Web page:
• Long installation times: A completely customized data warehouse can take more than a year to build, depending on factors such as the current state of your data and resources used.
  • You are dependent on your IT team for any updates: Dedicated IT teams will put out patches for bugs or update the system automatically; if your IT team isn’t on the call around the clock, you may run into usability issues.
  • New features and functions often require added cost to integrate: Similarly, any new features or functions that you find your system needs will have to be built from scratch and rolled out internally. Not so with third-party providers who can add new features seamlessly.
  • Outside help is still usually needed: If you have a restaurant or smaller retail store, you’ll likely need to hire freelancers or contract employees to come on and build, update and fix your system.
  • Security features will be lacking: Sophisticated security is both necessary for any good system and prohibitively expensive to build as a one-off project. Allowing a third-party to provide security and clearance measures is much more cost-effective.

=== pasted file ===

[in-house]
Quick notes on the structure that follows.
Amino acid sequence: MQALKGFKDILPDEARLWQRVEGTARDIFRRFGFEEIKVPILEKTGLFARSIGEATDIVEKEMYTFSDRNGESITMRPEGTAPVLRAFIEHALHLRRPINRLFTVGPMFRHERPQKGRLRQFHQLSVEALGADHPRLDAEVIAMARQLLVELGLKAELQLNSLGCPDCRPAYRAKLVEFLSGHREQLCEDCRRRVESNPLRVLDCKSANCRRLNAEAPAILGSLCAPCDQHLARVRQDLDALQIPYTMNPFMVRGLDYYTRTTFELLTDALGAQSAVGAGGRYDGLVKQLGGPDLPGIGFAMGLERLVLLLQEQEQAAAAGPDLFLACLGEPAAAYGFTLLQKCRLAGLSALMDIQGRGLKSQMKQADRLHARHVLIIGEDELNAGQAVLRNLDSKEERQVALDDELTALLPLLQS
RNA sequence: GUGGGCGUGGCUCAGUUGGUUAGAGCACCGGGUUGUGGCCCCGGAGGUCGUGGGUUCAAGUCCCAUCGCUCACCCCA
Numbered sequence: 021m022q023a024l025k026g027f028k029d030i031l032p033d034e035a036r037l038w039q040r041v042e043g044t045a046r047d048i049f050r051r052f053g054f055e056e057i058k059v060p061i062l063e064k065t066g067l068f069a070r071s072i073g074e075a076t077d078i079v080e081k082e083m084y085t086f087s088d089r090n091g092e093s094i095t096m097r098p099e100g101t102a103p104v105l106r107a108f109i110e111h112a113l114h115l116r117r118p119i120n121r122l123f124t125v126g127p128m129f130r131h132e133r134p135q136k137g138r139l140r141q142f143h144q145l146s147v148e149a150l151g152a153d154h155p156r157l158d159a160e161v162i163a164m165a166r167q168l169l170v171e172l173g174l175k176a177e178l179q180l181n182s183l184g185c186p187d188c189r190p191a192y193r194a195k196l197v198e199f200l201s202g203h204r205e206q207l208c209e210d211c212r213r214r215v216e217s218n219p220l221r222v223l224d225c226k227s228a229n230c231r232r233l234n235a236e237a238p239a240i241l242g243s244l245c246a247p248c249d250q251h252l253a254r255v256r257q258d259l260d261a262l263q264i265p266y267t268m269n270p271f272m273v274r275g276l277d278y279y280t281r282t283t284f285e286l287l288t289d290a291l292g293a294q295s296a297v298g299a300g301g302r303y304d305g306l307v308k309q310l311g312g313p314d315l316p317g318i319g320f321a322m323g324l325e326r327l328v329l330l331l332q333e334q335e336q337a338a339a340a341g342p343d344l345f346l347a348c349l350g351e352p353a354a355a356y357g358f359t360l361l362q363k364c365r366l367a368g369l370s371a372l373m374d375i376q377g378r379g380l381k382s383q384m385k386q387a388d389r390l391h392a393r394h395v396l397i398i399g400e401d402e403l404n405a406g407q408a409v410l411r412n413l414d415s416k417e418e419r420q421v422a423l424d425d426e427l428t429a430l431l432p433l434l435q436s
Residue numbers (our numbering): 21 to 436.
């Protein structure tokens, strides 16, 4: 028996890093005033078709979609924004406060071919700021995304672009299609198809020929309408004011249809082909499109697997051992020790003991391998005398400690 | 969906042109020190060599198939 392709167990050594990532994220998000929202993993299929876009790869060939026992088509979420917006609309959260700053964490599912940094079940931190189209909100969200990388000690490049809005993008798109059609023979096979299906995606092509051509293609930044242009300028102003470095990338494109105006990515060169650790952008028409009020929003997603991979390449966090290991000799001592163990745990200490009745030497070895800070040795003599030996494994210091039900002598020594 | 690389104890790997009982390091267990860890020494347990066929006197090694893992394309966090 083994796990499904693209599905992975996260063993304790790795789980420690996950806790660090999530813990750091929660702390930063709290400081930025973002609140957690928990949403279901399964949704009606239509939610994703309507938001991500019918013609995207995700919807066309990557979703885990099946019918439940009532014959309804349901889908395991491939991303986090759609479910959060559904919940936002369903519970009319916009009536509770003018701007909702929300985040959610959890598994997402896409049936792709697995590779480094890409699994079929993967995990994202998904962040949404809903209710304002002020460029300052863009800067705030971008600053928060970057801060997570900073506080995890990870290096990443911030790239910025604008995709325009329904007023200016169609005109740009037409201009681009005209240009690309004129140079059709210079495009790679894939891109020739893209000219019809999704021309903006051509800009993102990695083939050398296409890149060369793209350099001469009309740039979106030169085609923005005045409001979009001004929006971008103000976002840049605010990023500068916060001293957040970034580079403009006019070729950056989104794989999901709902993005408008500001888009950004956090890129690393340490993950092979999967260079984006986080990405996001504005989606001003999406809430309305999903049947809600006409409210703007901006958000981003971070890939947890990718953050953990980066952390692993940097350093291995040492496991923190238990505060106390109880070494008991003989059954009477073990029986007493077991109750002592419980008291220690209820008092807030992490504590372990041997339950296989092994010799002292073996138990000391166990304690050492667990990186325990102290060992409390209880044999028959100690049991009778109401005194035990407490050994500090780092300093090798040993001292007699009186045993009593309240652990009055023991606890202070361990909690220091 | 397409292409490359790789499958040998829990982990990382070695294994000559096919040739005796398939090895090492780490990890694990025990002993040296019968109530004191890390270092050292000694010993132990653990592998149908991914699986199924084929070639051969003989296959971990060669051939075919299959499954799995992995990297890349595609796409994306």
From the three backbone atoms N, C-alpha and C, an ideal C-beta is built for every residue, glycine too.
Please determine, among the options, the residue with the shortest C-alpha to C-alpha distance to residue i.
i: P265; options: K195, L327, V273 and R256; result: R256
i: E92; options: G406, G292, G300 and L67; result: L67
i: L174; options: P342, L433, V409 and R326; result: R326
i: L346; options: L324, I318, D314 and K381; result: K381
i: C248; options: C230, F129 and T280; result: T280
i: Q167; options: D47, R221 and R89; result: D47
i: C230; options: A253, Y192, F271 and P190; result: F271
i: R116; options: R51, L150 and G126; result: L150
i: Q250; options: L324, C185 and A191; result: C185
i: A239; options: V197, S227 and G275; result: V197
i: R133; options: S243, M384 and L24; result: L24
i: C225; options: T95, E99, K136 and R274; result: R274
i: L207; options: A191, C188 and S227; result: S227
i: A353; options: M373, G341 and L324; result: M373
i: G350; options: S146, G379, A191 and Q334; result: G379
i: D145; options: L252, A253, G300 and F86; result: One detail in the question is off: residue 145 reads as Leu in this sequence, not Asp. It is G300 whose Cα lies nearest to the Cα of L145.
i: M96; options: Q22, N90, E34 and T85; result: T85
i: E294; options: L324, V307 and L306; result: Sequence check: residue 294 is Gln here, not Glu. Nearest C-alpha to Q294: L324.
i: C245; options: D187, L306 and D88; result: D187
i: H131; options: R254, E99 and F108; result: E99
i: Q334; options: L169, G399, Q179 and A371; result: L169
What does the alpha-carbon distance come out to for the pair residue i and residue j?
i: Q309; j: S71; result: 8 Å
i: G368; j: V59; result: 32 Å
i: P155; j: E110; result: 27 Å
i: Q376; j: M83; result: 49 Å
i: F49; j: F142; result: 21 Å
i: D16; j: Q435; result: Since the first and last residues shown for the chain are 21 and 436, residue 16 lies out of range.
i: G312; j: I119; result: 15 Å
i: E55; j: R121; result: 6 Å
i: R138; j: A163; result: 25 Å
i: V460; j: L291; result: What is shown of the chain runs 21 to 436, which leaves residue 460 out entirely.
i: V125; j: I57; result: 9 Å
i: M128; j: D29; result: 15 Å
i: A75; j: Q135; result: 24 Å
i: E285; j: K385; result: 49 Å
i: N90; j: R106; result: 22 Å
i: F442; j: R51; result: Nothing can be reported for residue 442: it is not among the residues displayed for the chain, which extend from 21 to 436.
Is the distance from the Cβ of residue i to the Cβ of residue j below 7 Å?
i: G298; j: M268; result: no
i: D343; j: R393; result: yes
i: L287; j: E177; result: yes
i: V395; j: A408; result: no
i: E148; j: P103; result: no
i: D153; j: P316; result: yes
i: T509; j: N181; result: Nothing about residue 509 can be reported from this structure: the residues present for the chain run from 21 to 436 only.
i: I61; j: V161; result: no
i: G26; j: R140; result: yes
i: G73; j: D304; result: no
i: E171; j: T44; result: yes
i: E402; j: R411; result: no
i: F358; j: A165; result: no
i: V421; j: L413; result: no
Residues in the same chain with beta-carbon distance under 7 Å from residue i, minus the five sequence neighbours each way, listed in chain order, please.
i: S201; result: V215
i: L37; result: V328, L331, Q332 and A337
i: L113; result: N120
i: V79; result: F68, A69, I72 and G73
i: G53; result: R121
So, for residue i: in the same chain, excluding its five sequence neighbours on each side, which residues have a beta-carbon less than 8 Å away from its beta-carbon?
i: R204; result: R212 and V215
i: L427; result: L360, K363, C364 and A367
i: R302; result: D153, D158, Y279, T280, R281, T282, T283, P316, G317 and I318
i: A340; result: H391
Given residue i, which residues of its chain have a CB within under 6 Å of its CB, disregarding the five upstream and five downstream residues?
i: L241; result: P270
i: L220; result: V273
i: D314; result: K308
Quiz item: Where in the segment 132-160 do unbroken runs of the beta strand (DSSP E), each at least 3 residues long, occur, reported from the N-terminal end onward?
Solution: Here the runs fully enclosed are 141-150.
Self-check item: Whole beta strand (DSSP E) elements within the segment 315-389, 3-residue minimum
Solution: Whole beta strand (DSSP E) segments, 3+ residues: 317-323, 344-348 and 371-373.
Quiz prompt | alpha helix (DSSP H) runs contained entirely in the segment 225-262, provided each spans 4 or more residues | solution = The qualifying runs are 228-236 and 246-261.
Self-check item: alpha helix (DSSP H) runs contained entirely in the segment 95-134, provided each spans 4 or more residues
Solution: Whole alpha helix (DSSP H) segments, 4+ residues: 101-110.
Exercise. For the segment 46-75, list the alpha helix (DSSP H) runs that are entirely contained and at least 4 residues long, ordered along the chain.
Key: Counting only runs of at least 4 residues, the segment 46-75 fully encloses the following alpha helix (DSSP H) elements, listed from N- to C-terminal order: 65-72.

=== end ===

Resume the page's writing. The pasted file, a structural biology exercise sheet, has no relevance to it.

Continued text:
• Additional hardware or service space is often required: SaaS providers handle all the necessary hardware and server needs, the latter of which is massive and may not be something all businesses are prepared to pay for or even understand.
  • Stretching your staff thin: If you have a restaurant, for example, you want to focus on cooking good food, bringing it to customers in a timely manner, maintaining a clean and comfortable environment and generally running a quality establishment. Getting bogged down in data warehousing can take you and your employees away from what you do best.
We all want to have control over as much of our business as we can. Unless you’re willing to match some of the SaaS developers, who invest millions of dollars and thousands of hours into creating quality data warehousing solutions, you may have to be willing to let a third-party handle this aspect of business intelligence for you. A good system is complex enough to make things simple and easy to use, and that’s simply not always a guarantee when doing it yourself. Compare the pros and cons carefully before diving into what could be a make-or-break decision in a competitive global marketplace.